In this blog I wanted to explore why that might be and some of the lessons that can be learned.
When the great recession started is a matter of debate, according to the US National Bureau of Economic Research it began in December 2007.
When it ended, if it has, is a matter of even greater debate. The same Bureau has it ending in 2009.
However, writing in the Huffington Post, Andrew Fieldhouse of the Century Foundation said: “Now, five years after emerging from recession, the best metrics of economic health suggest the economy is only between one-third and half of the way to fully recovered. The US is still 7 million jobs short of where it needs to be for full recovery and that is true for all developed economies.”
So six years on from the “official” end of the recession I think there are three lessons all businesses should learn and 2015 has conclusively demonstrated that most of them have not.
Lesson 1 – You can only cut so far
One of the economic mysteries has been how well companies appear to have done. Profitability still seems to be there. But when you look at how that profitability has been achieved, it has not been by growing revenue, finding new markets, or launching new products but by cutting costs as hard and as fast as was possible.
Careful examination and elimination of unnecessary costs is something all businesses should do all the time. It’s what makes companies efficient and competitive. But it can go too far and there is plenty of evidence that it has gone far too far.
Boards need to focus all their efforts on how they can grow their top line, not on what they can do to take out cost. They need to focus on where are the new markets and the new products that will deliver profit.
Lesson 2 – Your first breach of public trust may be your last
VW was undoubtedly one of the most trusted brands in the world. Overnight it went to being one of the least trusted. And what is more it has not just tarnished its own brands but the ethics of the entire industry have been questioned.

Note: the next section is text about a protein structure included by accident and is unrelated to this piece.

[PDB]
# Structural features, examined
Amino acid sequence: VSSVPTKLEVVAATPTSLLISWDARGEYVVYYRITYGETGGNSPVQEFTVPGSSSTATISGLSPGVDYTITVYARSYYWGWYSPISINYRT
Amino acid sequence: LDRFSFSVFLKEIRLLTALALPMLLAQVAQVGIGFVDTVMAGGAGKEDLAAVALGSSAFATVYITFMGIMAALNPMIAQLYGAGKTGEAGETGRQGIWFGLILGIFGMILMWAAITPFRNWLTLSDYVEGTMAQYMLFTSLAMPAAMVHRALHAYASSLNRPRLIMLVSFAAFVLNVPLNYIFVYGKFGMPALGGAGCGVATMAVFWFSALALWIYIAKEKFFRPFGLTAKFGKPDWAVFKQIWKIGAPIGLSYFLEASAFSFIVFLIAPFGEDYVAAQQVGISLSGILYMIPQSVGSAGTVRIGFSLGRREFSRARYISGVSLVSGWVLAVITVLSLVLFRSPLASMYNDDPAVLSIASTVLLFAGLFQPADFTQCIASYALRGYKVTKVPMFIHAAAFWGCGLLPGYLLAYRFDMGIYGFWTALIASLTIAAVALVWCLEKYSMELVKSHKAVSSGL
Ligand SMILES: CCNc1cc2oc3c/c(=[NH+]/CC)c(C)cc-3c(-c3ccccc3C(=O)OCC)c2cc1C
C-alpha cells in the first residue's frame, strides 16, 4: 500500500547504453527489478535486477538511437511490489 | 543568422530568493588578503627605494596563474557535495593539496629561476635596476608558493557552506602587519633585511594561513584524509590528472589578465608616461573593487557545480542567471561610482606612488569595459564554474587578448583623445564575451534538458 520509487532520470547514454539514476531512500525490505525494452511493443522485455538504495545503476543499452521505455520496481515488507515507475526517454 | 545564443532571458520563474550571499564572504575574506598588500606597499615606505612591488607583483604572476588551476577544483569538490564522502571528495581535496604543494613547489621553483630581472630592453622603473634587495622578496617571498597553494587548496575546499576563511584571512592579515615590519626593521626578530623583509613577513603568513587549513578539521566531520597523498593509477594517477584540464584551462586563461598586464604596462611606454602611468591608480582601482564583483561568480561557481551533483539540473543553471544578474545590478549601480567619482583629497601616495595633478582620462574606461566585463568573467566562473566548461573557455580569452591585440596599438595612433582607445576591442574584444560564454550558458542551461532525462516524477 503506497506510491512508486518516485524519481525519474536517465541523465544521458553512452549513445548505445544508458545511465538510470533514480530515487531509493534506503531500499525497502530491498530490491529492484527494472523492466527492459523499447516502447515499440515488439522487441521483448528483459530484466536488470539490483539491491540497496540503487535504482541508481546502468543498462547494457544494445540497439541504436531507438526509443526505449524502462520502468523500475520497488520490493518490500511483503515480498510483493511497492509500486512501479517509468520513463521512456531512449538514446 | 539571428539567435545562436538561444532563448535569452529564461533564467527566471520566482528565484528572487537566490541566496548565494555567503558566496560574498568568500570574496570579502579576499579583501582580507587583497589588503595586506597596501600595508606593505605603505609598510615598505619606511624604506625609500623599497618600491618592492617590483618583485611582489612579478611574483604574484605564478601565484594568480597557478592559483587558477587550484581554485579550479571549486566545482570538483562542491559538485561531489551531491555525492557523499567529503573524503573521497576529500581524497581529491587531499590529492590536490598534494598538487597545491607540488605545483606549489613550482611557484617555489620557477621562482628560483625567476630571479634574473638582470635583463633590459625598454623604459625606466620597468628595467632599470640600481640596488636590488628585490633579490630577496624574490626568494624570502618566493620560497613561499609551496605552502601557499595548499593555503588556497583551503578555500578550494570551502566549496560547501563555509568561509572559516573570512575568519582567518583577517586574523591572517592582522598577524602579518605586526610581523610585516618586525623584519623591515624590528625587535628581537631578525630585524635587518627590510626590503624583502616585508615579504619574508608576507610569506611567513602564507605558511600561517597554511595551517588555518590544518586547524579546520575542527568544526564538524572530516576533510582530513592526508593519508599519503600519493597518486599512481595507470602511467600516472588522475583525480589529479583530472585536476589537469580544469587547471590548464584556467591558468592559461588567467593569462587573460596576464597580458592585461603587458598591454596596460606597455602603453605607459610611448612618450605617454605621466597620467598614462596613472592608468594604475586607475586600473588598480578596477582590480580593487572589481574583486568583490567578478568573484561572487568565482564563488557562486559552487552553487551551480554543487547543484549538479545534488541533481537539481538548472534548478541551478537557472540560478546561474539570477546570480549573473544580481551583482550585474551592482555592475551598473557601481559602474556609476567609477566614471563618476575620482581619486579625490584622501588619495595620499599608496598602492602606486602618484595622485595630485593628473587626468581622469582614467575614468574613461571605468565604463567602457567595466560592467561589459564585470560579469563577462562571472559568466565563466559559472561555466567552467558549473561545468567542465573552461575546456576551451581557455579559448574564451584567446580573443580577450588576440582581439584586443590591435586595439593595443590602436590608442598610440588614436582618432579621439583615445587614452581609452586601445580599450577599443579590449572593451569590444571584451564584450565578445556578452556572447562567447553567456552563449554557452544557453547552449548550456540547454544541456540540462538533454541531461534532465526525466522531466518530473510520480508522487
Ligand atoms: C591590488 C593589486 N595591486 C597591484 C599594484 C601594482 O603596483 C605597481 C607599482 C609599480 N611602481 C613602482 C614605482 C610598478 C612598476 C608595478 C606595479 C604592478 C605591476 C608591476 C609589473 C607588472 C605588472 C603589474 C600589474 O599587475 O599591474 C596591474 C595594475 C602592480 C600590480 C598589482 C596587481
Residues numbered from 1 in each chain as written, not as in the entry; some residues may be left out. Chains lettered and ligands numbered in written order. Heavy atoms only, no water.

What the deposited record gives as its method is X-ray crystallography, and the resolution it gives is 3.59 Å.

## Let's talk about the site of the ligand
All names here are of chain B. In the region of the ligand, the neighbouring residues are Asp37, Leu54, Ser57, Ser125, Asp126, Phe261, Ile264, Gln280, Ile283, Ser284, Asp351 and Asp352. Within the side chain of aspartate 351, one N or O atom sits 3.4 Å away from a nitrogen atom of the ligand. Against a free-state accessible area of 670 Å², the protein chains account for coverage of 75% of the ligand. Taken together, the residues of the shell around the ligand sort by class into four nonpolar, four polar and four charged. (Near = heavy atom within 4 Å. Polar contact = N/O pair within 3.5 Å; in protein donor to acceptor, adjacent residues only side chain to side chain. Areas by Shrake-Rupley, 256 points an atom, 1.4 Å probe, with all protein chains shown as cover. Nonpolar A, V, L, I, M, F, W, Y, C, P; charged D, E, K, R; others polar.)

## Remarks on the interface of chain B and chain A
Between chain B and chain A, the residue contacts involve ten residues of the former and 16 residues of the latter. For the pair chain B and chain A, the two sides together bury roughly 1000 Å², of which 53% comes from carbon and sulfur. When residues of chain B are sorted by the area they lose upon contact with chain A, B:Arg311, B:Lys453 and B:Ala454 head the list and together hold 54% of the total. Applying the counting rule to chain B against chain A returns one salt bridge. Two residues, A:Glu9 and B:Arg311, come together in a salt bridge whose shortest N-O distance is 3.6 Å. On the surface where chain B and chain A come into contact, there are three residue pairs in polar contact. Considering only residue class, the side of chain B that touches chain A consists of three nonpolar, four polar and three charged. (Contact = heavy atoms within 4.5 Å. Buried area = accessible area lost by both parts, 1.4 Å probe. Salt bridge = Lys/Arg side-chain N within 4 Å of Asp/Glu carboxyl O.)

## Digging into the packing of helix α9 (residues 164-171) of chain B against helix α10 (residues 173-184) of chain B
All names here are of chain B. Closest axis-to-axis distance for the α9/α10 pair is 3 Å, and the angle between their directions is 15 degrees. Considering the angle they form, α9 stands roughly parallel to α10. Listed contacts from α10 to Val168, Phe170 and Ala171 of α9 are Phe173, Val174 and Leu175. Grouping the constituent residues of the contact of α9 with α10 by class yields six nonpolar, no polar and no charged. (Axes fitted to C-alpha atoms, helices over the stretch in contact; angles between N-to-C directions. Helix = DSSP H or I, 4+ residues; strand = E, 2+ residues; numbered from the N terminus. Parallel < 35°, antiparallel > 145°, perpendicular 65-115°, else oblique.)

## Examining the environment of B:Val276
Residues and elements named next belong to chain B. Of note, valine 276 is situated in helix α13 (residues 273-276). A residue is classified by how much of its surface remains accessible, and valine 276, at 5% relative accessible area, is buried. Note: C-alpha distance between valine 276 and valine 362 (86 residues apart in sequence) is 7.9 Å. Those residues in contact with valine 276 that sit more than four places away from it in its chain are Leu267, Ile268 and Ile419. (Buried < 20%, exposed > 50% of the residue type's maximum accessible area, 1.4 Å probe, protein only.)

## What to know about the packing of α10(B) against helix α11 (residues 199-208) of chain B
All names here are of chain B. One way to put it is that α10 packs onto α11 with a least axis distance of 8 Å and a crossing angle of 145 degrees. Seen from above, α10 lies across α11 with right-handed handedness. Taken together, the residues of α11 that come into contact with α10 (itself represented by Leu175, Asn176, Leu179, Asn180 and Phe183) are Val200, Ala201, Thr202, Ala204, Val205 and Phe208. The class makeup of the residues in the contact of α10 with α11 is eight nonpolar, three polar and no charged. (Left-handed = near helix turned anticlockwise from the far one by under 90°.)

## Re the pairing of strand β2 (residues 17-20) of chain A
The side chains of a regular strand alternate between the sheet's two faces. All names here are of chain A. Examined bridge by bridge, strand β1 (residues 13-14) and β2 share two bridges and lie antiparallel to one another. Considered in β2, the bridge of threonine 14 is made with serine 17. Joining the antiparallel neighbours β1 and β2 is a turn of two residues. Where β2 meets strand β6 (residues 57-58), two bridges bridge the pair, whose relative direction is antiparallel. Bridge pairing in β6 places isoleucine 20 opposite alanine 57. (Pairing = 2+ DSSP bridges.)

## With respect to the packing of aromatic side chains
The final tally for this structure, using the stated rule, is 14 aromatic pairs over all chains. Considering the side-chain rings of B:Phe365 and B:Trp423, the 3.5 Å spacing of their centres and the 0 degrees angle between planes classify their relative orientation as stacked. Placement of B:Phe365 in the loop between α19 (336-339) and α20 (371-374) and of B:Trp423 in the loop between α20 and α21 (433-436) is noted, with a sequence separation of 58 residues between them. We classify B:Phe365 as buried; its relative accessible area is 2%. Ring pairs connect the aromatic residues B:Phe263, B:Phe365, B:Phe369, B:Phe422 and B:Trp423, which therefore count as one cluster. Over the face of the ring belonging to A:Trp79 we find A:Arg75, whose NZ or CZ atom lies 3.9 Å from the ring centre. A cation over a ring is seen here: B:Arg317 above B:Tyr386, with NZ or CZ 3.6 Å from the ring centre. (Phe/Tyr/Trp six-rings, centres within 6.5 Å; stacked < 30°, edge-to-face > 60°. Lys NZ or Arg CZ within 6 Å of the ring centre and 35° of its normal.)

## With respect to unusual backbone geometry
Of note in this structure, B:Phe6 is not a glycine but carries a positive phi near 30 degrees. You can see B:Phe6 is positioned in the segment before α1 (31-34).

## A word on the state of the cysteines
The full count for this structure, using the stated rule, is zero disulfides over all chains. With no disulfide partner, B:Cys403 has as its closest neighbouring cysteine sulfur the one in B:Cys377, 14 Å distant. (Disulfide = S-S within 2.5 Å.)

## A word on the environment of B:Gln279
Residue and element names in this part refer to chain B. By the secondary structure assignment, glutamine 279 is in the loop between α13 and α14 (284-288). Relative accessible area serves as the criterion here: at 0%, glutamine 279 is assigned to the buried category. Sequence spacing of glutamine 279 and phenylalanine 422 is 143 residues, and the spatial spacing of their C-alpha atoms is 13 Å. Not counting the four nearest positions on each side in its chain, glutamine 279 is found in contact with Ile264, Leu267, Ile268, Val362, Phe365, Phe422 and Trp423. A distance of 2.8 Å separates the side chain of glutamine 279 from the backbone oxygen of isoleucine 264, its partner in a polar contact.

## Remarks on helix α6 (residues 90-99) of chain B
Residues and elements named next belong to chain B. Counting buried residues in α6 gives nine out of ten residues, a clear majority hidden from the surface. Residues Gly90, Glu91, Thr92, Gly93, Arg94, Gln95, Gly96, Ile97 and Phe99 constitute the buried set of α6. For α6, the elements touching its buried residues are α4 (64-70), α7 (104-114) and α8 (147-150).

VW may well have a strong enough balance sheet to survive but I doubt if it will ever get back its consumer trust. Smaller companies such as TalkTalk may suffer more.
Some will not survive.
Many of these problems are the result of Lesson 1 not being learned. Boards need to ensure that the value of the company are clear and are lived. Too many companies have wonderful value statements but then do all they can to encourage their staff to chase profit at the expense of doing the right thing. The fate of corporate whistle-blowers shows how little many boards value being told the truth, until it is too late.
Lesson 3 – The jobs are going and they are not coming back
Those 7 million jobs in the US have gone for good. The recovery has been, and will continue to be, jobless. Automation is taking over from people. The effects of this are largely an issue for politicians but boards need to understand the impact of intelligent automation and start to invest and restructure. Do you really need to recruit a thousand graduates every year if there will only be jobs for 100?
I would love to see boards debating these issues but I fear that most of them will continue down the old route of focusing on the short term.
Their businesses may not survive for much longer.